Study released on top Texas transportation issues

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by HEATHER KOVAR / KVUE News and photojournalist MICHAEL MOORE

Bio | Email | Follow: @HeatherK_KVUE

kvue.com

Posted on January 17, 2013 at 7:27 PM

Updated Thursday, Jan 17 at 8:53 PM

AUSTIN -- Texas' top 100 transportation challenges were released by non-profit transportation research group, TRIP Thursday.  You may not be surprised that twelve are in the Austin area. 

Ask any driver around Central Texas and you might hear something like this.

"There's really bad congestion," said one Austin driver.

"Everything is so crammed packed, and you look to your left and right, and you see there is no escape," Austin driver Dertrick Winn said.

This year, construction on 183 into the central business district will begin. One new lane will be added in each direction.

This work will address the number 22 transportation challenge in Texas, as identified by TRIP.

Number nine on the list is congestion on 290 between MoPac and RM 1826.

Number 15 on the list is the heavy traffic on I-35 through Central Austin. TRIP says it would take improvements to intersections and frontage roads, as well as an addition of one express lane in each direction to ease congestion here.

Number 25 is Highway 360 from U-S 290 to RM 2244. TRIP says construction of an interchange at these roads is needed to relieve traffic.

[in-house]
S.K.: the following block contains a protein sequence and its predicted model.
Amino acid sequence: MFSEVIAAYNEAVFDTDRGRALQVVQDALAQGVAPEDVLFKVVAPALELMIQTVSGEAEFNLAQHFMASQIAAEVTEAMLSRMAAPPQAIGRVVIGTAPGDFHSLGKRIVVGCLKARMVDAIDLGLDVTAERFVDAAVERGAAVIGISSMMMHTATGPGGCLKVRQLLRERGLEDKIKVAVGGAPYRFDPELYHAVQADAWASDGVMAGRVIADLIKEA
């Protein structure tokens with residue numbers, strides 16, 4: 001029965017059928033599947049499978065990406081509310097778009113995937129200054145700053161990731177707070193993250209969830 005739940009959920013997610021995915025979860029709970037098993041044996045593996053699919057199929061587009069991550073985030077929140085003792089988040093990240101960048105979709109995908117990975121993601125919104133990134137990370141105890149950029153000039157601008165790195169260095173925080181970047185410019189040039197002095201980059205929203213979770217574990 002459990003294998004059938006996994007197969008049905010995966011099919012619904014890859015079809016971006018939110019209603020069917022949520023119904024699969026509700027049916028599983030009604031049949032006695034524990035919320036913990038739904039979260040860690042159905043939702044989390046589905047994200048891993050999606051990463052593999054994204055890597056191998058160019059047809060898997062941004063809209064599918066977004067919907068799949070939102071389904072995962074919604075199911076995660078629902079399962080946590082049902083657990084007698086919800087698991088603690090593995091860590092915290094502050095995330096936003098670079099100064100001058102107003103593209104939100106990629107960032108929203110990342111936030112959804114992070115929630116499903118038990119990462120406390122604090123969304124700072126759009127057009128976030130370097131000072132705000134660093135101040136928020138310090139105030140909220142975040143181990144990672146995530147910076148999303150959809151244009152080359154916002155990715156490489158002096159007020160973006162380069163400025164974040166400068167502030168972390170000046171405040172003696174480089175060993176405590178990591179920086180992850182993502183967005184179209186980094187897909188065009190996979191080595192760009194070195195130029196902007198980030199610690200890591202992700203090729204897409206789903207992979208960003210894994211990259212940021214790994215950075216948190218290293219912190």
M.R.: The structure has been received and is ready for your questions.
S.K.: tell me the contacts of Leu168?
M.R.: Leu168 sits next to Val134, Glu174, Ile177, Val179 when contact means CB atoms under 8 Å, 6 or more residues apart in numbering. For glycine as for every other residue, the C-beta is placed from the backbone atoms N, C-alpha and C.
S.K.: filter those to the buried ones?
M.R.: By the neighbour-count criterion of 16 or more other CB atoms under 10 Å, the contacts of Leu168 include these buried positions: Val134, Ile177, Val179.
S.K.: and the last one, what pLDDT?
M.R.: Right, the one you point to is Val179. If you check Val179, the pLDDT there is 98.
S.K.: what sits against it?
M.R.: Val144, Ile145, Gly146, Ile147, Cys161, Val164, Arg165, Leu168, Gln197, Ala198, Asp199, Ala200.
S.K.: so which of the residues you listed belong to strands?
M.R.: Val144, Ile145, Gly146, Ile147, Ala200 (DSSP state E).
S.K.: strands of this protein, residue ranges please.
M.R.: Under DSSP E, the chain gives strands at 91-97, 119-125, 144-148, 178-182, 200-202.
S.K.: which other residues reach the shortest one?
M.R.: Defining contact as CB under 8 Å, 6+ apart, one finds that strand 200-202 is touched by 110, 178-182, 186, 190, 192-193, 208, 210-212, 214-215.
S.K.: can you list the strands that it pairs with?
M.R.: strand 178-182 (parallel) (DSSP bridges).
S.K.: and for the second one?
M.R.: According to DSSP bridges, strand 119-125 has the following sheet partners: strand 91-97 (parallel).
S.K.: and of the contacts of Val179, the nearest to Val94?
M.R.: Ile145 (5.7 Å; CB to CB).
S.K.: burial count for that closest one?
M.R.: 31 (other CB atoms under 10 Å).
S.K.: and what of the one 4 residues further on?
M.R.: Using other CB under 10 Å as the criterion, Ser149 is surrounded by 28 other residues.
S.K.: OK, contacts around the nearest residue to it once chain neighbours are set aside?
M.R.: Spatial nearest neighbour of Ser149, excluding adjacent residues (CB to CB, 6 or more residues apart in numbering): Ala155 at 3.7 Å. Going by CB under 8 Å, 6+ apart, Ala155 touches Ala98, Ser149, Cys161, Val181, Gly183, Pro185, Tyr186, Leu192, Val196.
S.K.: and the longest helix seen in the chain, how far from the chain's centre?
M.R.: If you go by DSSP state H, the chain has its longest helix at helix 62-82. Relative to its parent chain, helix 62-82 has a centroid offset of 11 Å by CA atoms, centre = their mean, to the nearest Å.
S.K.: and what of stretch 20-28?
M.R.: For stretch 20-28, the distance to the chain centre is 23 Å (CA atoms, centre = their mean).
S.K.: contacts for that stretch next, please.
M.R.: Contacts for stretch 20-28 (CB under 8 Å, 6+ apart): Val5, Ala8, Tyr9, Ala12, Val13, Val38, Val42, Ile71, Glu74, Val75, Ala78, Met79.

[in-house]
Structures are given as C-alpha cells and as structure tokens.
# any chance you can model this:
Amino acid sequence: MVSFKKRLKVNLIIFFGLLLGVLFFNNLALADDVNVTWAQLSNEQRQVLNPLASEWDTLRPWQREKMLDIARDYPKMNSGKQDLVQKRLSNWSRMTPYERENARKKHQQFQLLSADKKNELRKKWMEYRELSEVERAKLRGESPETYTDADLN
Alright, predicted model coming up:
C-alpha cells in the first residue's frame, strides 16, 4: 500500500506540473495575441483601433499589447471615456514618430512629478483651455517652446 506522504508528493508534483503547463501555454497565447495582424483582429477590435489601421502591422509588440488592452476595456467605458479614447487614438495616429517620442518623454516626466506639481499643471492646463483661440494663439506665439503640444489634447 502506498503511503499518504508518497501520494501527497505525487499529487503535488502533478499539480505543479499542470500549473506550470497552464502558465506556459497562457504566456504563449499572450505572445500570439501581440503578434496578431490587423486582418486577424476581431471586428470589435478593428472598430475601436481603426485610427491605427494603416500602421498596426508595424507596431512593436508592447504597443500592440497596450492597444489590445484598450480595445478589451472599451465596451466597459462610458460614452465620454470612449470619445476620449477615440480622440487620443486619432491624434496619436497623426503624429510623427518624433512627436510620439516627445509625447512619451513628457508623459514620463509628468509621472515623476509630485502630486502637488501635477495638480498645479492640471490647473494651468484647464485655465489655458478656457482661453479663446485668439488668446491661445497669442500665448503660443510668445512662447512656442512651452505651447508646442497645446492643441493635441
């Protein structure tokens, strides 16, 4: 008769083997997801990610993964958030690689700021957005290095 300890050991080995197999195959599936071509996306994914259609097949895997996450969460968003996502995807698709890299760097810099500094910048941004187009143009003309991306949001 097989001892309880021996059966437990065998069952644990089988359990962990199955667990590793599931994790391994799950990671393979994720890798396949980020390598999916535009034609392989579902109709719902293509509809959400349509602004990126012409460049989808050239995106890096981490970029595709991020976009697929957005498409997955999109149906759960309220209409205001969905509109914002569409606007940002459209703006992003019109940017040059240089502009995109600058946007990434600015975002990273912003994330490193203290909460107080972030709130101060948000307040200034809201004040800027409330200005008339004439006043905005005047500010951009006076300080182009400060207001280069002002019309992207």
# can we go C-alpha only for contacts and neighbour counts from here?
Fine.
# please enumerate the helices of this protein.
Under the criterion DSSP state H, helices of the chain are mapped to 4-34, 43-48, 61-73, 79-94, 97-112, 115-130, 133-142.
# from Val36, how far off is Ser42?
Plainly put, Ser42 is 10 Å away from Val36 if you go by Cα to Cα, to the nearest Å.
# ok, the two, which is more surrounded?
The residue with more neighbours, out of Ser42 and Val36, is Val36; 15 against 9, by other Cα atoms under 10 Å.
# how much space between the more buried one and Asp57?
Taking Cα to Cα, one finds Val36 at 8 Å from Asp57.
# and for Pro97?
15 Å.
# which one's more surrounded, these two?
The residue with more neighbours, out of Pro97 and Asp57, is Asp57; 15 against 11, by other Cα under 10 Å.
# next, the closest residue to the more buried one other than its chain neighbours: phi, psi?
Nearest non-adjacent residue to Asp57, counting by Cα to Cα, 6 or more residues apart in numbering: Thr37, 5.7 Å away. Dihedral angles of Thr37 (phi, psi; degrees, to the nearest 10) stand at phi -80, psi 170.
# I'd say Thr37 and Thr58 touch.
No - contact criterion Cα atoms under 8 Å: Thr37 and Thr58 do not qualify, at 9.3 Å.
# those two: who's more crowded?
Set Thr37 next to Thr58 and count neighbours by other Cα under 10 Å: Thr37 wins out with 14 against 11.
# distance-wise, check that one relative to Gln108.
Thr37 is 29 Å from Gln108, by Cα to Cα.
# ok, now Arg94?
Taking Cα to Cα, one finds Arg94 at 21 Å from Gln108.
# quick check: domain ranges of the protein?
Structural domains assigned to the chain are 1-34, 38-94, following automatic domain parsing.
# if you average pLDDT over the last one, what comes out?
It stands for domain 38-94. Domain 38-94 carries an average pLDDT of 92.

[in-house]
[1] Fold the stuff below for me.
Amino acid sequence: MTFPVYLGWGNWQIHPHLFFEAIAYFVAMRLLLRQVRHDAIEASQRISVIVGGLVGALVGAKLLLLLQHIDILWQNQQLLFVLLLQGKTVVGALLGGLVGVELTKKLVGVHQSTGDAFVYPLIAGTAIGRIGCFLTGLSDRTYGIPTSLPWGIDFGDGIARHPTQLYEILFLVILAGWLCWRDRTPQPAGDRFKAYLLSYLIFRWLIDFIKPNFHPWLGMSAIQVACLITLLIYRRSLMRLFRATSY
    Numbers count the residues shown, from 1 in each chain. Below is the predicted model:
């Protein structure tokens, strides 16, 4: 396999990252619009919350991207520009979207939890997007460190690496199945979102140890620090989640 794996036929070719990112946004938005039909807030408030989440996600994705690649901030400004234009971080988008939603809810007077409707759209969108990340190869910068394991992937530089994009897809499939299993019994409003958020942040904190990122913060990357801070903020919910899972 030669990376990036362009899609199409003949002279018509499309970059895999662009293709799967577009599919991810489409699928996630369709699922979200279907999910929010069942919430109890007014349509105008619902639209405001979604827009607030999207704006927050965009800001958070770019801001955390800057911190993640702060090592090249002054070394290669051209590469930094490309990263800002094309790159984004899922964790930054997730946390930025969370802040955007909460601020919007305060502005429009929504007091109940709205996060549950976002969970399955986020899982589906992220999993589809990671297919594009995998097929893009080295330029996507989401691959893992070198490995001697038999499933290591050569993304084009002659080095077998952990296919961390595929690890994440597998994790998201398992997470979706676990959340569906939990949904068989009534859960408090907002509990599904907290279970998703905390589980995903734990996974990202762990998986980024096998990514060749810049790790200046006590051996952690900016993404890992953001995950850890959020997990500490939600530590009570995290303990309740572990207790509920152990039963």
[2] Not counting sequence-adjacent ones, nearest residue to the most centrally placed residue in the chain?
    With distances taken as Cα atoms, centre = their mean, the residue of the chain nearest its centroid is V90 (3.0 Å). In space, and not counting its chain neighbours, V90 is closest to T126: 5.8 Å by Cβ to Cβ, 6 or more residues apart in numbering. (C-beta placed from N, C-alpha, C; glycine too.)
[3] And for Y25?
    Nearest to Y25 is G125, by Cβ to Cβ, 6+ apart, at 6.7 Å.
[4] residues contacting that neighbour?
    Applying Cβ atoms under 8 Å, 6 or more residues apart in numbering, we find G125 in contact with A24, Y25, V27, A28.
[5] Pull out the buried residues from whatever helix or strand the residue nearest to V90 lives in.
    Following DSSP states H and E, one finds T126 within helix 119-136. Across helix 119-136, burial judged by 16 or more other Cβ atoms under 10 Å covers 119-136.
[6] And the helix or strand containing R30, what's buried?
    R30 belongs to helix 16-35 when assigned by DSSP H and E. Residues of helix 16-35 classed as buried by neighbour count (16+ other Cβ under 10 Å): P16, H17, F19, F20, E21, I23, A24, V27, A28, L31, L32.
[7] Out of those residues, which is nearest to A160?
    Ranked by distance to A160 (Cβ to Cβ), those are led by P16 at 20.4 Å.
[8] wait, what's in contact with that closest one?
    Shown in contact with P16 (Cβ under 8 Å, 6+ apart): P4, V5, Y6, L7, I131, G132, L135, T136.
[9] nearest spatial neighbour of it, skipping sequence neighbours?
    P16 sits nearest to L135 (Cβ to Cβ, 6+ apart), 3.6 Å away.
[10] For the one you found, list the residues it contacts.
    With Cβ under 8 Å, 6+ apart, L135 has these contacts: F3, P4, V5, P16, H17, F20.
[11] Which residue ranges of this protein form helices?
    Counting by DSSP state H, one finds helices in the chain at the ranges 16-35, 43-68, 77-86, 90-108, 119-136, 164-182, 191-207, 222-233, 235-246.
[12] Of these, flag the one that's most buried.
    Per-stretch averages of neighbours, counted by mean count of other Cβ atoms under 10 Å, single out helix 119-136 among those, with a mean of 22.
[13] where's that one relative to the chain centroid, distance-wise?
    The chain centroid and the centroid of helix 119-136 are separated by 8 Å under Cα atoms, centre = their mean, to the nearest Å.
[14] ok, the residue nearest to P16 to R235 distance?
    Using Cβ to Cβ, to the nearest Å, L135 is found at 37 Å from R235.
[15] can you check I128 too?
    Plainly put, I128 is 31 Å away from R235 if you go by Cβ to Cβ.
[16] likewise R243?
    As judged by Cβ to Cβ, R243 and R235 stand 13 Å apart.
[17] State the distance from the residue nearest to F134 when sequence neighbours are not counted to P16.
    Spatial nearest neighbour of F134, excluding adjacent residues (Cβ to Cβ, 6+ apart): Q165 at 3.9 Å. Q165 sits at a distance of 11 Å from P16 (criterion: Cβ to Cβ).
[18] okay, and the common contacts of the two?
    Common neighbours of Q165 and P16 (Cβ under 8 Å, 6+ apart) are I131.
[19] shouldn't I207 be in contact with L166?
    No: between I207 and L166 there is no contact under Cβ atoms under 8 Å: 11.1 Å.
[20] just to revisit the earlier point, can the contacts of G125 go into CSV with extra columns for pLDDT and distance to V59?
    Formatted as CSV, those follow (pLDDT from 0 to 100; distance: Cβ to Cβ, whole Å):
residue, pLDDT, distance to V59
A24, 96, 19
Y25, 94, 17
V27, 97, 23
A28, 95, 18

The report also suggests replacing the bridge at Slaughter Creek Parkway over I-35, as well as the downtown bridges where Cesar Chavez crosses 35, and where East 12th crosses the highway.

Another issue is SB Loop 1 at Lady Bird Lake. TRIP says the bridge needs to be widened to keep up with traffic.

"The level of congestion continues to grow here in Austin and the amount of traffic congestion and roadway deterioration will get dramatically worse in the future," said Carolyn Bonifas Kelly, associate director of research with TRIP

TRIP got much of it's information from the Texas Department of Transportation.

Since the state doesn't have the money to even consider most of these ideas, TRIP recommends more funding should go towards state transportation.
 

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